Last time we met I brought you the tale of how I scouted for and eventually found what I considered to be the best retail location for my new retail gunshop in my hometown of Madison.
No matter what your product or service the key to finding a great location is through good old fashioned legwork. You can use a commercial realtor to help identify potential locations, but you should take it upon yourself to visit each location at different times of the day, on different days of the week, to make sure it’s truly the best location for your particular business. A location may look great in the morning, but not-so-great in the afternoon; or may have tons of traffic on Monday, but an empty parking lot on Friday. Never judge a location on a single visit. Go there at different times of the day and night, on different days of the week, and observe the flow of traffic. Trust me: you won’t know for sure how good a location is without going through this process.
One point that I have yet to cover is that when it comes to finding space for your business, be it retail, office, or warehouse, you should not only consider the location, but a number of other areas, as well. Unfortunately, these are areas that many entrepreneurs don’t even consider until after they’ve signed on the dotted line.
Depending on your type of business you should also consider some or all of the following. Is there a sign ordinance that dictates the kind of signage you can or cannot construct? Sign ordinances change over time and you may find that existing businesses fall under one set of rules while new businesses are subject to completely different guidelines. If you rent a space thinking that your sign can be as big as and as close to the street as everyone else’s you may find that’s not the case.
Next, are there municipal or building ordinances that dictate the type of business that can be conducted in that location? You may think that the city or landlord has no problem with your kind of product or service, but unless you ask you may find yourself barred from doing business after you’ve rented the space. I met one landlord who wanted no part of a gunshop in his building as he mistakenly thought his liability for having me as a tenant would be high. If I had really wanted the space I could have probably convinced him that wasn’t the case, but why beg a guy to let you write him a big rent check every month? Life’s too short and vacant spaces with intelligent landlords are too many.
Next, is there sufficient parking for your customers and employees? One of the drawbacks of the free standing buildings I looked at was that the parking lots were small. With employees and the required handicapped spaces, there would barely be enough room for customers to park.
Speaking of employees, it’s important to consider ahead of time how many employees will be on hand at any given time and what their space requirements will be. Will you need offices or cubicles? Will you need male and female restrooms? Will you need a break room or locker room? How many employees will need to be behind the counter at the same time? Employees take up lots of space so plan accordingly.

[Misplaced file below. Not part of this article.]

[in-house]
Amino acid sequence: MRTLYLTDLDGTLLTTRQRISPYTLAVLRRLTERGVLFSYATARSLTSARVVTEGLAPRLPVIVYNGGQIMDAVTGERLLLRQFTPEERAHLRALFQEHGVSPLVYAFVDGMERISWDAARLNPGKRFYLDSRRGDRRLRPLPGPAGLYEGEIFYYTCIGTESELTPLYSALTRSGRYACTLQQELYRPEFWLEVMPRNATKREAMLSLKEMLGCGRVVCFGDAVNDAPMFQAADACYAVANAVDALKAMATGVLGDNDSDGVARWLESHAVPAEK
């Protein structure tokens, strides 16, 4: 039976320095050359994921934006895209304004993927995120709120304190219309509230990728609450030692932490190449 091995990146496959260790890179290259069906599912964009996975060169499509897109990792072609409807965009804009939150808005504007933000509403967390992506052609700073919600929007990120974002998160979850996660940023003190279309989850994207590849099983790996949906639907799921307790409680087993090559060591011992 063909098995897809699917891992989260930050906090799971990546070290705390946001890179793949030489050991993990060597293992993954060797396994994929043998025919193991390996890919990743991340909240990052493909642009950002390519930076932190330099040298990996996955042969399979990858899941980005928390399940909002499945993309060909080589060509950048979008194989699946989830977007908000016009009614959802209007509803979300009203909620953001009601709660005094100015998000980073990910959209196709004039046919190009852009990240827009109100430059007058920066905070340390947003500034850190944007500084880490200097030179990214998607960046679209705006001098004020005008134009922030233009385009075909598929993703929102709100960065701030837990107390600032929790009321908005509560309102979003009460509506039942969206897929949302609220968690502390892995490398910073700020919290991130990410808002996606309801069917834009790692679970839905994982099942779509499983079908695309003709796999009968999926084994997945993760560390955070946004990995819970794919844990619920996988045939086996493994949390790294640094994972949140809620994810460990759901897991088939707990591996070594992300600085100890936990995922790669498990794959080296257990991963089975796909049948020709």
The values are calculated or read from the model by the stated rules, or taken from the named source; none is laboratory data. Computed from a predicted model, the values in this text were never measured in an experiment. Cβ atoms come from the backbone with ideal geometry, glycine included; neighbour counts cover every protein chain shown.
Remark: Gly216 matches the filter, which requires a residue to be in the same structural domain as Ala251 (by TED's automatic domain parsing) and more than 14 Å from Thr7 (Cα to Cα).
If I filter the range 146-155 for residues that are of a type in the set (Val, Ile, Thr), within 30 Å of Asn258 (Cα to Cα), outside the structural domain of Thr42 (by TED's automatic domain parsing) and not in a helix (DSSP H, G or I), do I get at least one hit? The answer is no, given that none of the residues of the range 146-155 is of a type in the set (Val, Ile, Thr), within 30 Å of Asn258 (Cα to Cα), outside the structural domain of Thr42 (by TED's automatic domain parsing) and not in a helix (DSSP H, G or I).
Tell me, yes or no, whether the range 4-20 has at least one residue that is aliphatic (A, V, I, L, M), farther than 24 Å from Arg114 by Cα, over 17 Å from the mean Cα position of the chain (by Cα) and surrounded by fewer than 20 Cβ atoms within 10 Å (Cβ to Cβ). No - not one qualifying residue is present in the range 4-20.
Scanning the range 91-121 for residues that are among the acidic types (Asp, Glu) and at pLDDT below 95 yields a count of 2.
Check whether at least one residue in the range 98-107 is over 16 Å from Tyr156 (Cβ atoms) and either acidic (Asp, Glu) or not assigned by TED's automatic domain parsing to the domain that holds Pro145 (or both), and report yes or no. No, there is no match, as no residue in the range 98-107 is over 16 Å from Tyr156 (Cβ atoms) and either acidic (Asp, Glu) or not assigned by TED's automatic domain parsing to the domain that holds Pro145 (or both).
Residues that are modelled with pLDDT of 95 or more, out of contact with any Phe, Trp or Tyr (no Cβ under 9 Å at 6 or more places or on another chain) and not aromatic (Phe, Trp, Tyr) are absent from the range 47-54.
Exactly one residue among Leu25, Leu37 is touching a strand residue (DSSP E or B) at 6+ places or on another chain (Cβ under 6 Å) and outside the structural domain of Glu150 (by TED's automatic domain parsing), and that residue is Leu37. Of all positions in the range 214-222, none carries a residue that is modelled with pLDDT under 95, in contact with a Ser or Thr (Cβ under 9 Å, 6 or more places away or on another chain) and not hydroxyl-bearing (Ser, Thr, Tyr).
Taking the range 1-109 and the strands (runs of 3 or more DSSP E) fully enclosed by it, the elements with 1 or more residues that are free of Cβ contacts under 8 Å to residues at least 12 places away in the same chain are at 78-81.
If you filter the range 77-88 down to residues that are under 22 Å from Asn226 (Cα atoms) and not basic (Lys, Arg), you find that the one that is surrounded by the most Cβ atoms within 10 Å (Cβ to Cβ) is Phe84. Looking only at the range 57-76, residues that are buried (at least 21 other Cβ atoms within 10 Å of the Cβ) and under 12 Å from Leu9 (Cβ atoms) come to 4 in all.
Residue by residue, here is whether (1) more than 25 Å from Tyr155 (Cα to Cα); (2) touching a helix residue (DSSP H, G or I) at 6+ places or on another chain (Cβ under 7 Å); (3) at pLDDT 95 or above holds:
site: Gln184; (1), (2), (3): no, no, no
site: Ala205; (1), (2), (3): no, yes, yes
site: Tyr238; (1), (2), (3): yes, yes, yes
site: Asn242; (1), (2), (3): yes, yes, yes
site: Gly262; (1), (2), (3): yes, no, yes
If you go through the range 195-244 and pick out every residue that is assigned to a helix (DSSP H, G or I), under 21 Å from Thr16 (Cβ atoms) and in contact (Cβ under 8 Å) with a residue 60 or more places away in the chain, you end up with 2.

I mentioned handicapped parking, but did you also know there may be rules regarding the number and size of restrooms you must have on the premises to accommodate those in wheelchairs and with other disabilities? This is one of the things you can learn from the city building inspector, who can also fill you in on any special construction rules that pertain to the space you’re considering. They can also inform you on the licenses you’ll need before starting construction.
Here’s an egg on my face moment: I needed a wall constructed that divided the space into two sections. The wall would have a huge pane of mirrored glass so we could see the sales floor from the office. My contractor spoke to the license department and through a miscommunication thought we didn’t need a permit and that we could build any kind of wall we wanted.
Here comes the egg. When I tried to get a certificate of occupancy (after the wall had been finished) I discovered that not only did I need a permit to construct the wall, the wall did not meet the building code and had to be torn down. That was a $2,000 lesson I could have lived without, but live and learn and pass it on, that’s my motto.
Next, what are your future growth projections? Every business grows (or dies) and one of the worst things that can happen to a thriving business is that it outgrows its space too quickly. Does the space you’re considering give you ample room for growth or might it be too small in a short time?
Here’s another biggie: is the area growing in population and is the economy on the rise or are residents moving away and taking their buying dollars with them? I mentioned last week that one of the determining factors for me to locate on the north side of Madison was that the south side isn’t growing residentially and many businesses there are struggling to stay afloat. It’s a no brainer: always go where the money is.
Finally, it’s important that you not get caught up in the moment when looking at space. Take your time to find the space best suited for your business for the long haul, not just for today.
Next week we’ll look at signing what I call “the evil deed.” Get your first born ready and be back here next week.
Read the next article in this series, Time To Sign A Lease; Get Your First Born Ready